Another day in the American criminal justice system

Today’s question is: When is a confession not a confession? Answer: When it’s coerced from a suspect under extreme pressure and threat of bodily harm.

There are complex theories behind witness interrogation, it’s kind of a cop art. The purpose of applying these complex physical and psychological persuasion techniques is to get information, or better yet, a confession. Case closed, another promotion for the cops and society rests easy that night knowing justice has been served. It saves a lot of time and difficult detective work.

Of course not all suspects are tortured and not all justice professionals are bad. But here’s proof that many innocent people have served prison time after “confessing” under pressure. The Miranda rights (right to remain silent, right to an attorney etc.) were laid out by the Supreme Court to help, and they can – if the suspect isn’t coerced into waiving those rights, as commonly happen.

In May of 2000, after being beaten and threatened, 15-year-old Brenton Butler signed a document stating that he shot a tourist during a robbery. All evidence gathered by the defense pointed to his innocence. His murder trial is the subject of the Oscar-winning documentary “Murder on A Sunday Morning.”

Butler’s ordeal started one Sunday morning, May 7, 2000, when a 60-something tourist is shot in the face during a robbery outside a Jacksonville, Fla., motel room. The suspect: a young black male in a T-shirt and shorts.

Brenton Butler, a black male in a T-shirt and shorts, happens to walk by the crime scene an hour later on the way to fill out a job application. The cops take him into custody. Explaining why, one cop says, “We said, look, there’s a black male over there.”

The victim’s husband positively ID’s Butler as the killer from 50 feet away. All that’s needed next is a confession. Butler is interrogated without an attorney, his parents or hardly a clue as to what is going on. A Detective Glover, who obtained his promotion to detective the same year his father was promoted to sheriff, takes Butler on a walk into the woods where they hope to find the murder weapon. Butler says Glover hit him three times before he signed the confession statement. Glover denies this, but photographs of Butler’s injuries show differently.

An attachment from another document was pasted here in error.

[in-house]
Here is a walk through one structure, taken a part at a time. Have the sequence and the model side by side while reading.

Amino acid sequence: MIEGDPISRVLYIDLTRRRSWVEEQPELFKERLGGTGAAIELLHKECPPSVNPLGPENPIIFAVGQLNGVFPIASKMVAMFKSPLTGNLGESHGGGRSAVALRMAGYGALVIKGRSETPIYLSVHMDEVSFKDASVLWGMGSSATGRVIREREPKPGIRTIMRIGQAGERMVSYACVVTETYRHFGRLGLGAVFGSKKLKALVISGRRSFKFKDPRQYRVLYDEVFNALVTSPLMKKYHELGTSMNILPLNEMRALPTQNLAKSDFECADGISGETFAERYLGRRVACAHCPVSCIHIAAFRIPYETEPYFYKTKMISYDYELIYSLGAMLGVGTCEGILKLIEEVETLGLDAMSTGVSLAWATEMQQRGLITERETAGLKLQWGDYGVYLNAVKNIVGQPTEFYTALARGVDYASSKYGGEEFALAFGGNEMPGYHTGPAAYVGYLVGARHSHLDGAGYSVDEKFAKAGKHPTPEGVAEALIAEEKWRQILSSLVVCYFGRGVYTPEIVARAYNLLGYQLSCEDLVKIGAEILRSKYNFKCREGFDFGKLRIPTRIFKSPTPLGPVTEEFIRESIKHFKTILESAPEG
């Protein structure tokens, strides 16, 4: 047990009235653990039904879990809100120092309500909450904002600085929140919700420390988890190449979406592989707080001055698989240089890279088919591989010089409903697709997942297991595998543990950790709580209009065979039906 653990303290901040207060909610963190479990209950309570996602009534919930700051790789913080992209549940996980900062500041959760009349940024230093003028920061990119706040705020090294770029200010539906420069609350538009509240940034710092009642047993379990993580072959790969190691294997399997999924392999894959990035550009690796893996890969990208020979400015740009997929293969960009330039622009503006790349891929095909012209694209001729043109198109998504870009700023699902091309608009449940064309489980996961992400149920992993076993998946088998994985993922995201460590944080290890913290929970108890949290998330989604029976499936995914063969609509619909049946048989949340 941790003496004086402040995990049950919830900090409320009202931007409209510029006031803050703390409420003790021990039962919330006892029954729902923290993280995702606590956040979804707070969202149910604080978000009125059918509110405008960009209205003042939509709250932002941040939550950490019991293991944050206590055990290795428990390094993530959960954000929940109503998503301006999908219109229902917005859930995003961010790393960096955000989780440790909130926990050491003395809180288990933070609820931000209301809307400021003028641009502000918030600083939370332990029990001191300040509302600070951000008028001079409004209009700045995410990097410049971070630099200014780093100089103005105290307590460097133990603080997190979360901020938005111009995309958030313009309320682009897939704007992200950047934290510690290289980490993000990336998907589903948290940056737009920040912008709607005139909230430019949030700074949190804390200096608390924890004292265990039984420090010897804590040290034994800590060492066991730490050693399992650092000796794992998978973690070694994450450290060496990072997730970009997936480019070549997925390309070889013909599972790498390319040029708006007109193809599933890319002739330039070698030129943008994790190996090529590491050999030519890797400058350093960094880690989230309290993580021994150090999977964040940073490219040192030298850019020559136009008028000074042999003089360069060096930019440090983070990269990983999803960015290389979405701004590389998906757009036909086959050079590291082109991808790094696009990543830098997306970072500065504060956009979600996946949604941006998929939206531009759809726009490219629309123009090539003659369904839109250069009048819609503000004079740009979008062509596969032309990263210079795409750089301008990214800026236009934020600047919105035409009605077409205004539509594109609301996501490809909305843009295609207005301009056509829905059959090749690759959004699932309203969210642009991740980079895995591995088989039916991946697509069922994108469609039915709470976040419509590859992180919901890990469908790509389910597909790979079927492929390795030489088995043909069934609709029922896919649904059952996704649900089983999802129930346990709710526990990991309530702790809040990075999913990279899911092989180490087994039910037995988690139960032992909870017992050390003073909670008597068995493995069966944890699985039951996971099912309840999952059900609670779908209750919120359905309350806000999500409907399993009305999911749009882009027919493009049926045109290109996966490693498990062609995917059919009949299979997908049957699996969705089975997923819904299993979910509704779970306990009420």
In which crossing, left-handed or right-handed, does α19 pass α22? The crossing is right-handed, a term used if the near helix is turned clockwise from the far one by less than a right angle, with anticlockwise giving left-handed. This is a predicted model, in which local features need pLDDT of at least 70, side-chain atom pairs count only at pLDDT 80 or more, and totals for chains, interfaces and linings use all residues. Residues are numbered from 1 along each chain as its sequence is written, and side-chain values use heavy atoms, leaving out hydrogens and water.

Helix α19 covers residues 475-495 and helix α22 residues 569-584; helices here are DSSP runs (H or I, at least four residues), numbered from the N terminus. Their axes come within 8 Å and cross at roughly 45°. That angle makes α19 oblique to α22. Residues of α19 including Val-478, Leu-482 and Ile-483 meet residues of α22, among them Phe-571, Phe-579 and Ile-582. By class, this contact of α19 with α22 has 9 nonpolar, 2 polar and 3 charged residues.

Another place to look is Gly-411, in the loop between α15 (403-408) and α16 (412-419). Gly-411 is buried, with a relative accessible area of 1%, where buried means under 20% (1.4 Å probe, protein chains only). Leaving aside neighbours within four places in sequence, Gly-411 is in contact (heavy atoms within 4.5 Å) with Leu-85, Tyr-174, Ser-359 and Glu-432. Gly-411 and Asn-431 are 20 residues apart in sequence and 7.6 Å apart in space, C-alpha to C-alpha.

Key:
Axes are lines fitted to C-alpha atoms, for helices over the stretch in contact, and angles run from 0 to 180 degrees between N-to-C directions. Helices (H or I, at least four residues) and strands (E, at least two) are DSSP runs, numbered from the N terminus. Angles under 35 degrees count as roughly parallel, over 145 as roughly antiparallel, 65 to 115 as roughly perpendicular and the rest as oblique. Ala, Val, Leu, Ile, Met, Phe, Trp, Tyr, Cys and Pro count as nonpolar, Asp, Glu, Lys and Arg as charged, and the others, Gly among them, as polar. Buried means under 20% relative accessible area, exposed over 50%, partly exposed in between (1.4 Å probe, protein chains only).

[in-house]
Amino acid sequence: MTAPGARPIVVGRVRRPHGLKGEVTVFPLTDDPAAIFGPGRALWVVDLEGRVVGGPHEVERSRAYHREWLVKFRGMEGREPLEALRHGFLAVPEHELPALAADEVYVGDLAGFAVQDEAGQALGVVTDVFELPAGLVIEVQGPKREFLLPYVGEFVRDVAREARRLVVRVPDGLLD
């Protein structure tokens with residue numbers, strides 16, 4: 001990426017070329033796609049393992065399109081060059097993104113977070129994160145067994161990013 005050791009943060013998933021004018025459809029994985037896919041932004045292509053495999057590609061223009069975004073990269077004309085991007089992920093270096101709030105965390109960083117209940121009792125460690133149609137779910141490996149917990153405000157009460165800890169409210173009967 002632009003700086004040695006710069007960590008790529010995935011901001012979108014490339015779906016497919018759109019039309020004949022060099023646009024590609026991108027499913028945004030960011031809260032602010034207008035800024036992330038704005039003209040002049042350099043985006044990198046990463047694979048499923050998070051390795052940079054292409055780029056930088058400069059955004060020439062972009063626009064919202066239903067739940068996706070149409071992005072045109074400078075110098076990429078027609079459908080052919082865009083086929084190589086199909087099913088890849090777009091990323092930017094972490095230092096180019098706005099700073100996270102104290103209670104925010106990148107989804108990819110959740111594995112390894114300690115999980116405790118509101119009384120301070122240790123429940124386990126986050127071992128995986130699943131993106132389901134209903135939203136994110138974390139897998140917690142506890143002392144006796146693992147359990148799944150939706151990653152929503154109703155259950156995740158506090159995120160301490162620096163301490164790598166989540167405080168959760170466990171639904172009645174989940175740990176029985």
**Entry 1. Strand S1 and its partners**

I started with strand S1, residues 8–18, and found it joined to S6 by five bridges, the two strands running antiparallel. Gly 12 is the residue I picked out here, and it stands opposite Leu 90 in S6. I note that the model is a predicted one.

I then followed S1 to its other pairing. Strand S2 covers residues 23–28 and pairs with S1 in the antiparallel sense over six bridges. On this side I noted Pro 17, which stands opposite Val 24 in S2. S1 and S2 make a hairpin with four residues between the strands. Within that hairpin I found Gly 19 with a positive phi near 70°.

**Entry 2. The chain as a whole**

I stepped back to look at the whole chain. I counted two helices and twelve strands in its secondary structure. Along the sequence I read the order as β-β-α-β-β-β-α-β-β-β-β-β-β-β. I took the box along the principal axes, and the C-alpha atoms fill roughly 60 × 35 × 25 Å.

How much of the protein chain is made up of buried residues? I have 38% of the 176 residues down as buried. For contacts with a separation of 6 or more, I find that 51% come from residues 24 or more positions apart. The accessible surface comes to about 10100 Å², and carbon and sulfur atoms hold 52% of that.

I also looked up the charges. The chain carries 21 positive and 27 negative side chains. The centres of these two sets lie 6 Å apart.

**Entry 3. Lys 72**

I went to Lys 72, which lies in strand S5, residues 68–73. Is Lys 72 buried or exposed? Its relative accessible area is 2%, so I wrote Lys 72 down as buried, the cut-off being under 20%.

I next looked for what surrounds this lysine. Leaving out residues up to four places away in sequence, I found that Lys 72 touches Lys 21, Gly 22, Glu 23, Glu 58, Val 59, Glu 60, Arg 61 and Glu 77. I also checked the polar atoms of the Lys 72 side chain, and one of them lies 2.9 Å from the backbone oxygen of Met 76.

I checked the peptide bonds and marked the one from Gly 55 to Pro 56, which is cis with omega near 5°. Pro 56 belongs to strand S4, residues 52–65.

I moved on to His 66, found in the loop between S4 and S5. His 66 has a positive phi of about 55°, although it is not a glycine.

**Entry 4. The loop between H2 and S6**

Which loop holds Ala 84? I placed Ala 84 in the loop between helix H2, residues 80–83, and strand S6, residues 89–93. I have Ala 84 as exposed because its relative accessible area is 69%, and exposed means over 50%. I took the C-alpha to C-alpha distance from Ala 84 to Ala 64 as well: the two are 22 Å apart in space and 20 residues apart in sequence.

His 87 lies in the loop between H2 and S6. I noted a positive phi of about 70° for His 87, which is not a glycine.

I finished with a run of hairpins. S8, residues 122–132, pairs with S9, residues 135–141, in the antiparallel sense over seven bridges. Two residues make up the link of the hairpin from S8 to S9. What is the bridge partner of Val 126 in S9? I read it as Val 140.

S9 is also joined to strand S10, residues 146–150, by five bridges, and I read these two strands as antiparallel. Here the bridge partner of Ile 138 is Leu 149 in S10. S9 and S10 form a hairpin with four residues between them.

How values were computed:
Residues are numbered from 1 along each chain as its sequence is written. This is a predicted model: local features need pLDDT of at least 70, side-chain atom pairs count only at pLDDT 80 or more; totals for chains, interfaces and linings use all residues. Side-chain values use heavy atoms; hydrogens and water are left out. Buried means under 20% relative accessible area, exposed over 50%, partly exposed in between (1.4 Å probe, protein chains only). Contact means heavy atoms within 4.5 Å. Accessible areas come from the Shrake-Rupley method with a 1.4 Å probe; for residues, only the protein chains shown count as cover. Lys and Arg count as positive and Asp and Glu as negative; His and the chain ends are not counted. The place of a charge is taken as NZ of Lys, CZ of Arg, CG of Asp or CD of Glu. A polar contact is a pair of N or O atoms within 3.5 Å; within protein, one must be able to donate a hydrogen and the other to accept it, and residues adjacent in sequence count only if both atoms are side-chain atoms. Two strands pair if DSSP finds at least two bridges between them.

Public defenders Patrick McGuiness and Ann Finnel believe Butler is innocent and work hard to prove it. They do the detective work the detectives never did, and build a strong defense. As the viewer learns of the evidence, it’s tough not to agree and truly hope the defense will be strong enough.

The film intersperses extensive courtroom footage with McGuinness’ and Finnel’s investigation. The pace of the film is fairly slow. The editing is good but there’s minimal editing for dramatic effect and no artistic frills. It’s a straightforward film focused on telling this story. Large portions of testimonies and courtroom proceedings are heard. The film sticks to the trial process, and impressively, is able to cover the entire process from beginning to end.

As slow as the film is in places, the need to know the verdict keeps you riveted. It becomes obvious that Butler has fallen victim to racial profiling and lazy police work. The victim’s husband, Mr. Stevens, although grieving and meaning well, seems focused on getting any young black male in jail. The detectives outright lie to the jury, and all Butler’s working-class family can do is pray, give him hope through a plastic window and cry.

The filmmakers catch it all, and do a decent job of keeping the viewer on the edge almost as much as the courtroom was while awaiting the juries’ final verdict.